10. Assessment areas to consider when providing culturally sensitive care • Social Relationships within society In India, there is the caste system. They are born into a caste and it determines who they will marry and what they will do for a living. There are four castes. Within castes they have subgroups within which there are social and cultural directives on how to act and live. Attitudes toward change In India, people have little access to the means to change the circumstances in their lives. This leads to attitudes of resignation and acceptance in their future. This is most true in the villages. In the young urban upper caste youth, there is more awareness, resources, and empowerment to bring about change.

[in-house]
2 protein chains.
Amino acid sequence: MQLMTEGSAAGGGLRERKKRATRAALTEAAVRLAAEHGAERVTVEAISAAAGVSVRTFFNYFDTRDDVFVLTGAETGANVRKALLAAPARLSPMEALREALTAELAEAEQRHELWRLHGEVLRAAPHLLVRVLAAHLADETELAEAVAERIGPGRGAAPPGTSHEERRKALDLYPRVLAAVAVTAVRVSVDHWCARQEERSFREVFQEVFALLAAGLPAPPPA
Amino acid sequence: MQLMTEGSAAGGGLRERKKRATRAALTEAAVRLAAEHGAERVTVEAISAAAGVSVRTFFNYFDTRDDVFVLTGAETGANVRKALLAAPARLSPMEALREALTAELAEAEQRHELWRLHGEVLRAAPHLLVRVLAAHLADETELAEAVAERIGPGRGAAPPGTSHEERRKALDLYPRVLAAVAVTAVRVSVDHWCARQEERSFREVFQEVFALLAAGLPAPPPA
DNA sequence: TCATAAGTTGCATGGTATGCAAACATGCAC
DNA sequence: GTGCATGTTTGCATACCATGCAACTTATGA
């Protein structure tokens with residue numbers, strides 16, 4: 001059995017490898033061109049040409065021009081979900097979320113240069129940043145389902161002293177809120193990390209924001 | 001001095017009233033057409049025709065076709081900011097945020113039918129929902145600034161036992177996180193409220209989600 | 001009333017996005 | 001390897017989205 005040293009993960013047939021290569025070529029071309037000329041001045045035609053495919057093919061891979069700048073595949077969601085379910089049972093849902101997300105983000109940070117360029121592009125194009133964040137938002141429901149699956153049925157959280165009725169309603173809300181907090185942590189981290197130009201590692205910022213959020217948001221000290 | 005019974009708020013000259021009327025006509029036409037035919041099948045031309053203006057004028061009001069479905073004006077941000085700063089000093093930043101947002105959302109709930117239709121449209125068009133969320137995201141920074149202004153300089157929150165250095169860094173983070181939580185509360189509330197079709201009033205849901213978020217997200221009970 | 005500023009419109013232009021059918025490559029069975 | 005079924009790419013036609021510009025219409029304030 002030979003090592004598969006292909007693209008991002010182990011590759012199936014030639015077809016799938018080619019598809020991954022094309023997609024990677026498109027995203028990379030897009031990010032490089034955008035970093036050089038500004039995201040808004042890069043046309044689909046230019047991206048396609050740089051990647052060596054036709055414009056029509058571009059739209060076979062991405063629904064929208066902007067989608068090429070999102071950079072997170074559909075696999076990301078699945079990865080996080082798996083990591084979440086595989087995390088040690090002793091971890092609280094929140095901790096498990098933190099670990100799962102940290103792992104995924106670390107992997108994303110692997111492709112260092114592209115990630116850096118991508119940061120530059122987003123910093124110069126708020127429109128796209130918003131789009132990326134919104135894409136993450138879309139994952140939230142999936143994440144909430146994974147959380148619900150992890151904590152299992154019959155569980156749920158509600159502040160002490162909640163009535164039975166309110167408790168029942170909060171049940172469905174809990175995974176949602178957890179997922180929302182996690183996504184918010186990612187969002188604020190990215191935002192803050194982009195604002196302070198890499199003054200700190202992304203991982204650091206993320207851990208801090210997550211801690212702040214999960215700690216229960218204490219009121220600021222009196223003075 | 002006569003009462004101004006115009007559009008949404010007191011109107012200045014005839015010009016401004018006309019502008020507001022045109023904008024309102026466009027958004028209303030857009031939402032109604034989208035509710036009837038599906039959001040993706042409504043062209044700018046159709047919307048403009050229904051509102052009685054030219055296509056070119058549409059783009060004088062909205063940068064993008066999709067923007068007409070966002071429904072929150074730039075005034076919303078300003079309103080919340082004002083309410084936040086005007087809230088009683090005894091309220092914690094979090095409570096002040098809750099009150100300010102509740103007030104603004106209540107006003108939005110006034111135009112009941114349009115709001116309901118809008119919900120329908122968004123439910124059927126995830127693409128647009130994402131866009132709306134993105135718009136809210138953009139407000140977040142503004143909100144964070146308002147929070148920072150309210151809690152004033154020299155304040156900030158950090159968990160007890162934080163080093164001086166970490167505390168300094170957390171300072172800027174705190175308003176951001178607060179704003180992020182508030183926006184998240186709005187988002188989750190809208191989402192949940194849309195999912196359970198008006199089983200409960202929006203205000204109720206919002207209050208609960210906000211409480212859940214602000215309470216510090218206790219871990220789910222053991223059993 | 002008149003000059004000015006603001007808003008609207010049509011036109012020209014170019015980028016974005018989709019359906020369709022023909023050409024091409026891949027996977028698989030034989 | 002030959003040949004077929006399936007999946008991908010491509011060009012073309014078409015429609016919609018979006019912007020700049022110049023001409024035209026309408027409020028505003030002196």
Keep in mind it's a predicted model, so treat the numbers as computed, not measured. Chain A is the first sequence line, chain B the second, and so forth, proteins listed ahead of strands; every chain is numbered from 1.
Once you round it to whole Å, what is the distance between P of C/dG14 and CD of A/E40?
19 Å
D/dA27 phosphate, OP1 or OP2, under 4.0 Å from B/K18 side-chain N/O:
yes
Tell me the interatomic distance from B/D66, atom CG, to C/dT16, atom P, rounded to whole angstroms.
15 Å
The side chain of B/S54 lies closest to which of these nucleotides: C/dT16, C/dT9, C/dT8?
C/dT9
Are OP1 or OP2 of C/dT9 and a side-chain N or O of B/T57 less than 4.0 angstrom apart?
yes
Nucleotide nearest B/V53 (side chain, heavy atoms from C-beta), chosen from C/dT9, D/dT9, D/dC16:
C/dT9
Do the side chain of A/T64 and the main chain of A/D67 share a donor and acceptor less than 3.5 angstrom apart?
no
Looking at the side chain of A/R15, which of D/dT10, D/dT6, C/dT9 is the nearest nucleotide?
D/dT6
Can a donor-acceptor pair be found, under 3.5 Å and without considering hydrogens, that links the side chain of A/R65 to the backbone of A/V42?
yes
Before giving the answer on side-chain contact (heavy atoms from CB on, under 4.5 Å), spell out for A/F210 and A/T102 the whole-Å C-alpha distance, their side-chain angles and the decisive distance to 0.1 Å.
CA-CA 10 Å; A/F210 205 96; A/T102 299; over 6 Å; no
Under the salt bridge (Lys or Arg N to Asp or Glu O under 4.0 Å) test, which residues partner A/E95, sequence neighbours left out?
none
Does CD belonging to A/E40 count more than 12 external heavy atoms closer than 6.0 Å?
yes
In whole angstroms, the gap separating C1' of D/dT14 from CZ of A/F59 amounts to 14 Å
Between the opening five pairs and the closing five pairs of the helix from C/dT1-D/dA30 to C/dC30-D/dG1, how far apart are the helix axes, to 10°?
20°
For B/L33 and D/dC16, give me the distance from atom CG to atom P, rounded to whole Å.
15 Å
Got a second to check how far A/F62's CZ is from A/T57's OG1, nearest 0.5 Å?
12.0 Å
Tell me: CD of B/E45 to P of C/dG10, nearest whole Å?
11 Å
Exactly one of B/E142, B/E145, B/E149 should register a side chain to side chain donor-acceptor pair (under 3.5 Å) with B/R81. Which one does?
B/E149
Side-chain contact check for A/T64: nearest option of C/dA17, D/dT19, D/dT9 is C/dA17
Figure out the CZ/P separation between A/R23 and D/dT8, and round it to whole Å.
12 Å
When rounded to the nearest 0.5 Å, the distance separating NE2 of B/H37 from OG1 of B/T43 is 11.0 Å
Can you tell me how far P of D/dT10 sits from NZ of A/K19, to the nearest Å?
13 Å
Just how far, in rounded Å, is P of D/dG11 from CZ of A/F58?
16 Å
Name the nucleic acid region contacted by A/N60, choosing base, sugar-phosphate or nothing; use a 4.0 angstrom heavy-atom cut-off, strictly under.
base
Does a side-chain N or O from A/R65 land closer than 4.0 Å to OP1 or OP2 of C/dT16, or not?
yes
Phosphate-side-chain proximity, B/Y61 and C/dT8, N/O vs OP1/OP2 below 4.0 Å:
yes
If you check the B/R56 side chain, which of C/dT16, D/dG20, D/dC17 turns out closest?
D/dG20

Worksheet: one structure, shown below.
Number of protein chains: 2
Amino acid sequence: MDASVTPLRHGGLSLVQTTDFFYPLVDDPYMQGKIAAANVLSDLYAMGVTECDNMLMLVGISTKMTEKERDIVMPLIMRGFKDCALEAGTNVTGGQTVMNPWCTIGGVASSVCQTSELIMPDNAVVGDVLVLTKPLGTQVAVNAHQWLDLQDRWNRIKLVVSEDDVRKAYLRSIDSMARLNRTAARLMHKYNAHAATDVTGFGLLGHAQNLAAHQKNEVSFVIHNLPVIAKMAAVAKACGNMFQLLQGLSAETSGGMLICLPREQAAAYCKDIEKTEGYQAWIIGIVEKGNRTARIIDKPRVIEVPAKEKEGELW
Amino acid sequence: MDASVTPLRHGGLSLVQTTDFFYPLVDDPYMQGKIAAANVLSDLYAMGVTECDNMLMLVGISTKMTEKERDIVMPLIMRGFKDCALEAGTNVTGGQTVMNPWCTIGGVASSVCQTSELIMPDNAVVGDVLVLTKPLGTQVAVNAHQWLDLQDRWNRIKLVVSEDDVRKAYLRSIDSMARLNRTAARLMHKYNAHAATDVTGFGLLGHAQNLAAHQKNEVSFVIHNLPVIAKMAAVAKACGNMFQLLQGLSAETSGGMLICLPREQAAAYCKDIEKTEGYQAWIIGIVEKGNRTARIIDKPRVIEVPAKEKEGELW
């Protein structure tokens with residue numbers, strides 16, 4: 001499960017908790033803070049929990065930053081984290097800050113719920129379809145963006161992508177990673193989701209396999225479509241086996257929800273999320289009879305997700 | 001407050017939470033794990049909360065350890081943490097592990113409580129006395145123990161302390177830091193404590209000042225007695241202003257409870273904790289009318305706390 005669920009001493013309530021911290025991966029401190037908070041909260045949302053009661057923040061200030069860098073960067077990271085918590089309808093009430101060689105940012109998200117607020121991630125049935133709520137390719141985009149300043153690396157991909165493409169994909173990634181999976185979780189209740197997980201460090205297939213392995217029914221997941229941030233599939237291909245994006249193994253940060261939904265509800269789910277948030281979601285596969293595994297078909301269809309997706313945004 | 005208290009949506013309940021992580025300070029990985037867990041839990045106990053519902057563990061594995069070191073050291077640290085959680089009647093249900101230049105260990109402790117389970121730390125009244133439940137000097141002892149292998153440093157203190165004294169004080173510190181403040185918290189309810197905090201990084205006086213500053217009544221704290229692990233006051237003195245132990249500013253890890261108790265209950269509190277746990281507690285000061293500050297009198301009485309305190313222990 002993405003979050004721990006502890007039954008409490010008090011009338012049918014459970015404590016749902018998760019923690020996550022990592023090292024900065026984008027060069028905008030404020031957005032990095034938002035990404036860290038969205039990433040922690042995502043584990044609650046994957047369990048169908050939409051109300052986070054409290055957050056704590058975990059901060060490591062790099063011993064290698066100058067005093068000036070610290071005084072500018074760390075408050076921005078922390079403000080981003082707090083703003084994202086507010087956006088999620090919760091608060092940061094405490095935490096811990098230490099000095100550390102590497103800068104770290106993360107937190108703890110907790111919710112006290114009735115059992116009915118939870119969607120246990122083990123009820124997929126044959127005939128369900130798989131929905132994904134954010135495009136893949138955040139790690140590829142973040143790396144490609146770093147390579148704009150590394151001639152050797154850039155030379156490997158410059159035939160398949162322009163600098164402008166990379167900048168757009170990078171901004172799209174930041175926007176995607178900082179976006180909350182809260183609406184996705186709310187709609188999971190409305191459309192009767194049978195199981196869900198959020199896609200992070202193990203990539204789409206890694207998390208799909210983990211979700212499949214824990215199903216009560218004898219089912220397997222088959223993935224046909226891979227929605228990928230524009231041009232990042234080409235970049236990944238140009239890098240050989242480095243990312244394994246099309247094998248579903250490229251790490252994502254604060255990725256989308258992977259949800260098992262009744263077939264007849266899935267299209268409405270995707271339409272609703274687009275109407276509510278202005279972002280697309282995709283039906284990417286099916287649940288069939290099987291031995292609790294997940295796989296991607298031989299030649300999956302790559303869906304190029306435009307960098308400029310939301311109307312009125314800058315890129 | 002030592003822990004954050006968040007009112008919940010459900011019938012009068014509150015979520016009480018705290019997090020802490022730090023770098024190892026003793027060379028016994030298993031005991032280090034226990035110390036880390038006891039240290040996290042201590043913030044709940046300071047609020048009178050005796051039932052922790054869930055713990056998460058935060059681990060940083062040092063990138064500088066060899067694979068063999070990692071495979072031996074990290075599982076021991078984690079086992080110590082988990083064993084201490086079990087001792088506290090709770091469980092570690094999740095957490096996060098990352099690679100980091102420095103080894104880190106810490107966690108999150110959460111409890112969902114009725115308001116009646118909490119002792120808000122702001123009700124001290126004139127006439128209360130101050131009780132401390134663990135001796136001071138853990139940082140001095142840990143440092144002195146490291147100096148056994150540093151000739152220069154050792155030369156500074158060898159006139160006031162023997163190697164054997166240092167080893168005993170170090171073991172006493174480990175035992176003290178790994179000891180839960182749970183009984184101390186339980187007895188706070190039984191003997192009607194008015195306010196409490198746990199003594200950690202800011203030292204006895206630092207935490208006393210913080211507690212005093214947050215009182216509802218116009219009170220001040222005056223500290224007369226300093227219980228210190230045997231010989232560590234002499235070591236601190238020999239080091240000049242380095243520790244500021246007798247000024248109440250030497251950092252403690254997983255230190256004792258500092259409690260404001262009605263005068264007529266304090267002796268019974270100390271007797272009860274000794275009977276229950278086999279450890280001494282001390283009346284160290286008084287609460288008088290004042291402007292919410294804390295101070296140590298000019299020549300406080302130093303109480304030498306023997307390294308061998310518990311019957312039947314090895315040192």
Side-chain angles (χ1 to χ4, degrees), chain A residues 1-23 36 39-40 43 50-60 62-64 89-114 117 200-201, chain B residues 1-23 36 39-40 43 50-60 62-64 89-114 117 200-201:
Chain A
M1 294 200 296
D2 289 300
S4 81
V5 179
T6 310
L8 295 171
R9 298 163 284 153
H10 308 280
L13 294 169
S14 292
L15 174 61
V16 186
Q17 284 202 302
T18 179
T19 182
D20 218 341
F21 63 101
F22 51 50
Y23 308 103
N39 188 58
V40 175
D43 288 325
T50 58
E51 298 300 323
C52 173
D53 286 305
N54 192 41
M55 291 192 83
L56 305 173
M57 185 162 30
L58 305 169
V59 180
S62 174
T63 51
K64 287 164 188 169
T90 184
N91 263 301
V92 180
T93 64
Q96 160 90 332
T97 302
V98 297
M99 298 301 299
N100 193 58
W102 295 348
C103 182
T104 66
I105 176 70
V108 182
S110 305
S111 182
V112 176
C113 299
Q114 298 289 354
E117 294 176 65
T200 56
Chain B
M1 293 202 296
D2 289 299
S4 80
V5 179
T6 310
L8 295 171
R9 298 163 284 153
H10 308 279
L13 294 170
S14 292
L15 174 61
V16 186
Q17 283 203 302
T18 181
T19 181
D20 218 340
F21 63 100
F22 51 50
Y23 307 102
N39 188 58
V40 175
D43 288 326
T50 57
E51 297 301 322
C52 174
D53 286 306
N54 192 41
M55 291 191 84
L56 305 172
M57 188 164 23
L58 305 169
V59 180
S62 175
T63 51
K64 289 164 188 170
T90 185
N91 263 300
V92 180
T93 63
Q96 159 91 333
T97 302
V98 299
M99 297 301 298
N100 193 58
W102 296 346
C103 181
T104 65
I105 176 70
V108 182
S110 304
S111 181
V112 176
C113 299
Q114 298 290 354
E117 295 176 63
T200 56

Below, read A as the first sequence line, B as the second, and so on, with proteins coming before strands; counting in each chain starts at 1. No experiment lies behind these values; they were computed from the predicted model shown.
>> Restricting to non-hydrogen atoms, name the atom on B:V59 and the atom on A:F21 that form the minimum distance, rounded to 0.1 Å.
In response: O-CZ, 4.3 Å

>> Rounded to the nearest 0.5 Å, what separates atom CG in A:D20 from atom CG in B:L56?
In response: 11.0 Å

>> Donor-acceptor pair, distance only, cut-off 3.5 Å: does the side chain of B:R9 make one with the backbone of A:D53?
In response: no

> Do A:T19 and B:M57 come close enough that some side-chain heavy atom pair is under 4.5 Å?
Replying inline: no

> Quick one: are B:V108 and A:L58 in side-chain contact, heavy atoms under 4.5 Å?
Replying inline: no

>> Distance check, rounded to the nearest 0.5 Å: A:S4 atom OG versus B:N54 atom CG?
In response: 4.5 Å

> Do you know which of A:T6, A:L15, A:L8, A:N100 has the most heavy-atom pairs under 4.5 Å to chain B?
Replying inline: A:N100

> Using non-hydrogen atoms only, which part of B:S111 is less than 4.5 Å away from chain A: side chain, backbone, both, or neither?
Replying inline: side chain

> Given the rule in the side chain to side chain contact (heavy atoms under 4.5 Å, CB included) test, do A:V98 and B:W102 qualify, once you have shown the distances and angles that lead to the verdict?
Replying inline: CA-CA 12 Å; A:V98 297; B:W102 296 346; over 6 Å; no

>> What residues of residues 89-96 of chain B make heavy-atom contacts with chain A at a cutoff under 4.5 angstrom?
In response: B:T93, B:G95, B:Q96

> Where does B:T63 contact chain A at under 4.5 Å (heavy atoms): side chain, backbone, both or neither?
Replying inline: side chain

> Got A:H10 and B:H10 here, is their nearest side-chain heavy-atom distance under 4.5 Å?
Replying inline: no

11. Assessment areas to consider when trying to provide culturally sensitive care • Social What is the place and role of the family within the culture?In India, when a woman marries, she joins her husbands family and becomes a part of a large extended family. She often lives with his family and has many domestic responsibilities. A good image of the family is the primary responsibility of the family members. Respectability is determined by moral virtues of its’ members. If she is Muslim, there may be more than one wife. What is their time orientation? (past, present or future).In India, they are not as concerned with specific time schedules. If they have to go to the doctor, they just go and wait in line.